Every Memorial Day weekend, thousands of motorbike-riding military veterans descend on Washington DC for the annual Rolling Thunder Motorcycle Rally. It typically takes place on the Sunday of the Memorial Day weekend.
The ride’s purpose is to draw attention to the issue of prisoners of war and those missing in action (POW-MIA). Vietnam Veterans are heavily represented, but there are also veterans from other wars, especially Iraq and Afghanistan. As for bikes, there are a lot of Harleys, of course, but there both riders and bikes comes in all sorts of shapes and sizes.
Photos of Rolling Thunder
How to Get Here
The staging area for the riders is usually in the north parking lot of the Pentagon, with overflow into the east and south parking lots. With thousands of bikes, it takes at least a couple of hours for all the riders to depart. The rumbling procession takes 2 to 3 hours to pass any given point.
The staging area is a good place to get up close to the bikes, but it’s not for anyone bothered by exhaust fumes. There’s also very little shade, and with so many bikes in motion, be sure to keep a close eye on what’s happening around you. It can get hot and noisy and aside from some porta-potties and the occasional water stand, there aren’t a lot of amenities around.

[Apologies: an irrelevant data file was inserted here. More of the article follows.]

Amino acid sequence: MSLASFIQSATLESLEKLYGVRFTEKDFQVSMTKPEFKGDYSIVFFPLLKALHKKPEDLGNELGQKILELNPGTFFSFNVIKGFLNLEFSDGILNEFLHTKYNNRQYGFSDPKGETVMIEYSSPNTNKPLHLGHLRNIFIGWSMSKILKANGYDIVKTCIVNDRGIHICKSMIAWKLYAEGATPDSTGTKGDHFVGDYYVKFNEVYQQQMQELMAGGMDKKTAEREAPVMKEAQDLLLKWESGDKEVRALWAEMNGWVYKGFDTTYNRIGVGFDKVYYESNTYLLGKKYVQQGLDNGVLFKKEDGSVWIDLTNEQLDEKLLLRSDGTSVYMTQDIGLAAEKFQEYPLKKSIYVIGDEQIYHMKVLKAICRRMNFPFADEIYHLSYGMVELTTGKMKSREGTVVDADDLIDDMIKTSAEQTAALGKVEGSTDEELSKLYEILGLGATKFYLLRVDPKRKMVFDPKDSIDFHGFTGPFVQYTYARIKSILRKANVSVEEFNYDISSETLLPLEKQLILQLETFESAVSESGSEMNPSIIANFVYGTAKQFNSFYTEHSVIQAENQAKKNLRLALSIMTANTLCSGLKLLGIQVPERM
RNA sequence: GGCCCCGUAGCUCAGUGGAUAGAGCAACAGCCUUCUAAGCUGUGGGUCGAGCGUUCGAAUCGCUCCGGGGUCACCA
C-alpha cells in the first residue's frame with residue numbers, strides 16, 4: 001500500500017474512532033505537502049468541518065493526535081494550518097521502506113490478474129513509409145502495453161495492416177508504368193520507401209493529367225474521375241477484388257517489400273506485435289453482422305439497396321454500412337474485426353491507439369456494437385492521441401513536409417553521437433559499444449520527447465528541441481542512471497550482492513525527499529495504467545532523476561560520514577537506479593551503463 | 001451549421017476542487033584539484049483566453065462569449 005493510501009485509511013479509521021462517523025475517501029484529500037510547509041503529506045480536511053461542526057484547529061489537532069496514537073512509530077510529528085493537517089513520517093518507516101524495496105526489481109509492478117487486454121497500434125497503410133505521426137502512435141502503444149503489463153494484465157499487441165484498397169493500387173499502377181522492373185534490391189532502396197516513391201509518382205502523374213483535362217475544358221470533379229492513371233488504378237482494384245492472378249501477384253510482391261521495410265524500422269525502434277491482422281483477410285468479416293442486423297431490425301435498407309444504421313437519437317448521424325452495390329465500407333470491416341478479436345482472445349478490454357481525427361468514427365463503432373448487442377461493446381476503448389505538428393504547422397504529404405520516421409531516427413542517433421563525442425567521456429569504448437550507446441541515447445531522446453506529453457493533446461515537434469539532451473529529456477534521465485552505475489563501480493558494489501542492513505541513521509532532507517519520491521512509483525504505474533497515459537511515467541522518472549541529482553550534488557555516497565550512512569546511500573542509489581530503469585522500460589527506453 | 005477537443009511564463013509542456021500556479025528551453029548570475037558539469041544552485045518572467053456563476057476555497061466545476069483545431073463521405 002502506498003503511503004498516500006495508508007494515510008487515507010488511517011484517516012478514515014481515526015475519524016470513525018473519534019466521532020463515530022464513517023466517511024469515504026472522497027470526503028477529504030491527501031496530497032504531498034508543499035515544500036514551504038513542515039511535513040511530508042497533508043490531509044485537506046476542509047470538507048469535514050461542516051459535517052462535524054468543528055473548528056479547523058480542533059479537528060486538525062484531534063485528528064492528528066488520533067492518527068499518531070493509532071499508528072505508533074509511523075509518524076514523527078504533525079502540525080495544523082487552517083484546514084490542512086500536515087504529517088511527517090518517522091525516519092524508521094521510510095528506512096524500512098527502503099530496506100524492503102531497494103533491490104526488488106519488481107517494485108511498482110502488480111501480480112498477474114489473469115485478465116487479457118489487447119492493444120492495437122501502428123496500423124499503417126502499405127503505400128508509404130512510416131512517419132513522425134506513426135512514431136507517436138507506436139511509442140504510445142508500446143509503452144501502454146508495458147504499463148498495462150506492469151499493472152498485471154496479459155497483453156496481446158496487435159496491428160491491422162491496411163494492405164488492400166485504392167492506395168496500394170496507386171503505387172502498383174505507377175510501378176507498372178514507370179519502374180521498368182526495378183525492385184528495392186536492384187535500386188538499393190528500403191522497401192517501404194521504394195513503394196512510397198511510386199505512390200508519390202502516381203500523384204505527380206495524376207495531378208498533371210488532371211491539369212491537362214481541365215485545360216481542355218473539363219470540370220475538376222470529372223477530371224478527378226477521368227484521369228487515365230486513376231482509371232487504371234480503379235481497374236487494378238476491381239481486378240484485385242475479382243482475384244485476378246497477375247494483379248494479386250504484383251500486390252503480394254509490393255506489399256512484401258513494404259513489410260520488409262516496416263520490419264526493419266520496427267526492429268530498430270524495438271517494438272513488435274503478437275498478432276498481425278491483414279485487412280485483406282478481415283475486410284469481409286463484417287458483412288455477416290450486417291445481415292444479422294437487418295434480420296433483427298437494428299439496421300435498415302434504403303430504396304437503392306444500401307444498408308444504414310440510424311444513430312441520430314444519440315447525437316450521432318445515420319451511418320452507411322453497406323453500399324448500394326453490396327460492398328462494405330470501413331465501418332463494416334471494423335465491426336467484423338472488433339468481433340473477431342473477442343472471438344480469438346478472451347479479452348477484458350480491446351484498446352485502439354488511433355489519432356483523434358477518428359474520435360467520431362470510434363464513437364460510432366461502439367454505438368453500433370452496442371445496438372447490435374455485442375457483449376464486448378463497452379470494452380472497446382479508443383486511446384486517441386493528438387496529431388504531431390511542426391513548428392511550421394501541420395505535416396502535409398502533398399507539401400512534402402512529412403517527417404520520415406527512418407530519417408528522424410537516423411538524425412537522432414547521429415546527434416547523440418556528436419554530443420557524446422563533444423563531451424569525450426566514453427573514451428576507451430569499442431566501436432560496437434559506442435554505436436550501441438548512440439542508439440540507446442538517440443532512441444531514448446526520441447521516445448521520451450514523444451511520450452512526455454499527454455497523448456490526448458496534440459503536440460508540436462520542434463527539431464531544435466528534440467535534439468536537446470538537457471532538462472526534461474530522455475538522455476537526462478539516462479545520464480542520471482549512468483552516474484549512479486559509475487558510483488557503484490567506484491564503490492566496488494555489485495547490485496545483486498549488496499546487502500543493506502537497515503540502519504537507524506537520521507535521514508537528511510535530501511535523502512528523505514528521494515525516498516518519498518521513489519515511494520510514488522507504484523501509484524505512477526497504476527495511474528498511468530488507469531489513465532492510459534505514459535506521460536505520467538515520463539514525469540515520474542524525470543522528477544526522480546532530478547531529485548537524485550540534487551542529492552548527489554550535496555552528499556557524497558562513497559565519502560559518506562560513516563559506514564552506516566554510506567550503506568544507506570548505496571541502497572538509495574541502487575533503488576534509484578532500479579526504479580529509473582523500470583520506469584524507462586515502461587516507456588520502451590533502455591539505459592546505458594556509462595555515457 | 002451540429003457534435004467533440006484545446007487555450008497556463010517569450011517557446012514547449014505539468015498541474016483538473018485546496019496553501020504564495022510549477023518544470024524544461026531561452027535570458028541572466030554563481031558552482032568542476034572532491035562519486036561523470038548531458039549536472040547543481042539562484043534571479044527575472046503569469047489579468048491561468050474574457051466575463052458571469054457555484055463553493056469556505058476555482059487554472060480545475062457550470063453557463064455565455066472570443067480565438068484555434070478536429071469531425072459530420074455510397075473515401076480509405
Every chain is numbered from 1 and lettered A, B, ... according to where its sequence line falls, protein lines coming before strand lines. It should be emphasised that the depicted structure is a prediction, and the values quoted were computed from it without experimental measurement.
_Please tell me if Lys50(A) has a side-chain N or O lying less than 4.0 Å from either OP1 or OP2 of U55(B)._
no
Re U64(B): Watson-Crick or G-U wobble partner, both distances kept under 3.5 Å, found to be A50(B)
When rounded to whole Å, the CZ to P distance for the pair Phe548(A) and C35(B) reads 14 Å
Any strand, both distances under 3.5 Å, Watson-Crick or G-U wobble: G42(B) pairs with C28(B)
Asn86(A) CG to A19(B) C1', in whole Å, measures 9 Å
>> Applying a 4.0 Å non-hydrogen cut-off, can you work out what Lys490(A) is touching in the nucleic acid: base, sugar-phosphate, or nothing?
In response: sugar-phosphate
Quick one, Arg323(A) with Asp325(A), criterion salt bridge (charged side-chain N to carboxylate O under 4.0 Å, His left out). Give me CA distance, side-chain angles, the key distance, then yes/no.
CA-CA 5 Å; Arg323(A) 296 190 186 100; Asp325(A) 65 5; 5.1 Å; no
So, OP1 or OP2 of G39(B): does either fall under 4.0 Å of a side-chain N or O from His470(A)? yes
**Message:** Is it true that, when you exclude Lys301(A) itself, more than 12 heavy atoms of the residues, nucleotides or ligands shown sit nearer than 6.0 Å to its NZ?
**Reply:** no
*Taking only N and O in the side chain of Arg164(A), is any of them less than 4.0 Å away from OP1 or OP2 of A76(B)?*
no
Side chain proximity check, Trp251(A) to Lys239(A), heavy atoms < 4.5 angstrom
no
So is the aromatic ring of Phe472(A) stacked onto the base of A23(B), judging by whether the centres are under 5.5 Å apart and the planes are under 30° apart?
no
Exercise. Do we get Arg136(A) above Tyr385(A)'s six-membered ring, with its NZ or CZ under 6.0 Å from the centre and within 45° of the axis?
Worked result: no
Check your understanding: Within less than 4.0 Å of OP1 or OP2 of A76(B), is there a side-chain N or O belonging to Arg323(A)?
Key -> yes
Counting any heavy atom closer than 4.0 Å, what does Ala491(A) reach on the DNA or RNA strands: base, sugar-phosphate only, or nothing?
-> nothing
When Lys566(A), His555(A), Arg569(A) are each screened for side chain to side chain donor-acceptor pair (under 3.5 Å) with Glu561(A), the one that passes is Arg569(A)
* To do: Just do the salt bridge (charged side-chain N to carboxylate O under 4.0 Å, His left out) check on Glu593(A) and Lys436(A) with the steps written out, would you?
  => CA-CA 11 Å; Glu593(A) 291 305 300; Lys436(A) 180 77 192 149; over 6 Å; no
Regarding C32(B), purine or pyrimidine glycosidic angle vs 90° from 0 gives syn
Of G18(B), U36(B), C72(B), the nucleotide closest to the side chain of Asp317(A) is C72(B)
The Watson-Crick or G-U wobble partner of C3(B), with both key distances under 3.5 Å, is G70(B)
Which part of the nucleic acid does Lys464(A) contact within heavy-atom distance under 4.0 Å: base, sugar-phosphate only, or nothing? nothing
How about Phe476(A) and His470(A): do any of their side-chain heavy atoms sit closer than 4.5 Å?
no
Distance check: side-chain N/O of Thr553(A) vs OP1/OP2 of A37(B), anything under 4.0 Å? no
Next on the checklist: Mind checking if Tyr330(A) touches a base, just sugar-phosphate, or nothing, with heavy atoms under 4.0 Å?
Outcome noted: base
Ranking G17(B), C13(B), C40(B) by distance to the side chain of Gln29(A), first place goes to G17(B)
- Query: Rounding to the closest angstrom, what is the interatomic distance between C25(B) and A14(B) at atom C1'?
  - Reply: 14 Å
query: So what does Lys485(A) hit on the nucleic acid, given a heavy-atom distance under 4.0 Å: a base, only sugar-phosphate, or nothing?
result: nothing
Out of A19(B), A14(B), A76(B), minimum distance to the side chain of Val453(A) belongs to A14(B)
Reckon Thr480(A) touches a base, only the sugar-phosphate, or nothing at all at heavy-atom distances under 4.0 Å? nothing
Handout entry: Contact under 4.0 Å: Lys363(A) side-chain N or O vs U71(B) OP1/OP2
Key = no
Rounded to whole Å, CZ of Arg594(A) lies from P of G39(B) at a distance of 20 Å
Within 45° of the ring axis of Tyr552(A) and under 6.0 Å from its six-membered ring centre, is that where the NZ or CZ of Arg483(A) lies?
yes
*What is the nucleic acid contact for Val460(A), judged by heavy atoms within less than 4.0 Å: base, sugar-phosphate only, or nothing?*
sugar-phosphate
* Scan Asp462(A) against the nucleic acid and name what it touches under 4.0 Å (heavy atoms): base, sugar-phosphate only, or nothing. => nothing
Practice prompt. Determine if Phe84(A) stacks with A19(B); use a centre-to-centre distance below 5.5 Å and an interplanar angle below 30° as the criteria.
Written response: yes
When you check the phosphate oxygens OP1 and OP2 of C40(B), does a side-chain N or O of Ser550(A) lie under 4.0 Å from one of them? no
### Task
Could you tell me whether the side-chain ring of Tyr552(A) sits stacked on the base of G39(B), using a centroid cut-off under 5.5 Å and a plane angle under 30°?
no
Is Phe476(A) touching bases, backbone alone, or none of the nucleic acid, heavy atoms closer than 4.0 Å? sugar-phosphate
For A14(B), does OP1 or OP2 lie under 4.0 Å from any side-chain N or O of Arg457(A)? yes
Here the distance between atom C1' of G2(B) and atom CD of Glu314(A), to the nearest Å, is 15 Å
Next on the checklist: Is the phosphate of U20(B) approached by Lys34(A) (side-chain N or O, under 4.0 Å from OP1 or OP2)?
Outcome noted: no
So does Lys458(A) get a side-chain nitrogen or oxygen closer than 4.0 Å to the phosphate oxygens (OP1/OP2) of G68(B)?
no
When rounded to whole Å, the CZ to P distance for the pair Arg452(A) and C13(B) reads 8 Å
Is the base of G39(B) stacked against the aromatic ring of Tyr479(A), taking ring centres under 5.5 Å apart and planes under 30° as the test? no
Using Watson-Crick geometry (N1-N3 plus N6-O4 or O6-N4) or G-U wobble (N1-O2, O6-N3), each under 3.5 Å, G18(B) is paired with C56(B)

A much more comfortable option is to stake out one of the many great vantage points along the route around the National Mall. If you position yourself well, you should be able to get a shot of the riders in the foreground and one of Washington’s landmarks, like the Washington Monument or the Capitol Dome, in the background.
If you want to head to the Pentagon staging area, the best option is to get the Metro to the Pentagon station. If you’re heading down to the National Mall, the closest Metro stops are Smithsonian, Foggy Bottom, Metro Center, Federal Triangle, or Union Station. DC Police close a lot of streets around the Pentagon, Memorial Bridge, Constitution Avenue, an Independence Avenue from mid-morning through mid-afternoon, so you’ll have a lot of trouble getting about if you’re trying to drive downtown–best bet is to metro.
So long as you don’t interfere with the riders, you’re pretty much free to shoot however you like. Just don’t get run over!
Washington DC Visitor Guides
If you're coming in from out of town, here are some of the most popular guidebooks that can help you make the most of your visit.
- Elise Hartman Ford
- Publisher: FrommerMedia
- Lonely Planet, Karla Zimmerman, Virginia Maxwell, Amy C Balfour
- Publisher: Lonely Planet
- Van Dam Stephan
- Publisher: VanDam, Inc.
- Fodor's Travel Guides
- Fodor's Travel
And here are some interesting options for less traditional guidesbooks if you'd like an emphasis on exploring DC on foot or diving into some of the region's rich history.
- NATIONAL GEOGRAPHIC
- Barbara Noe Kennedy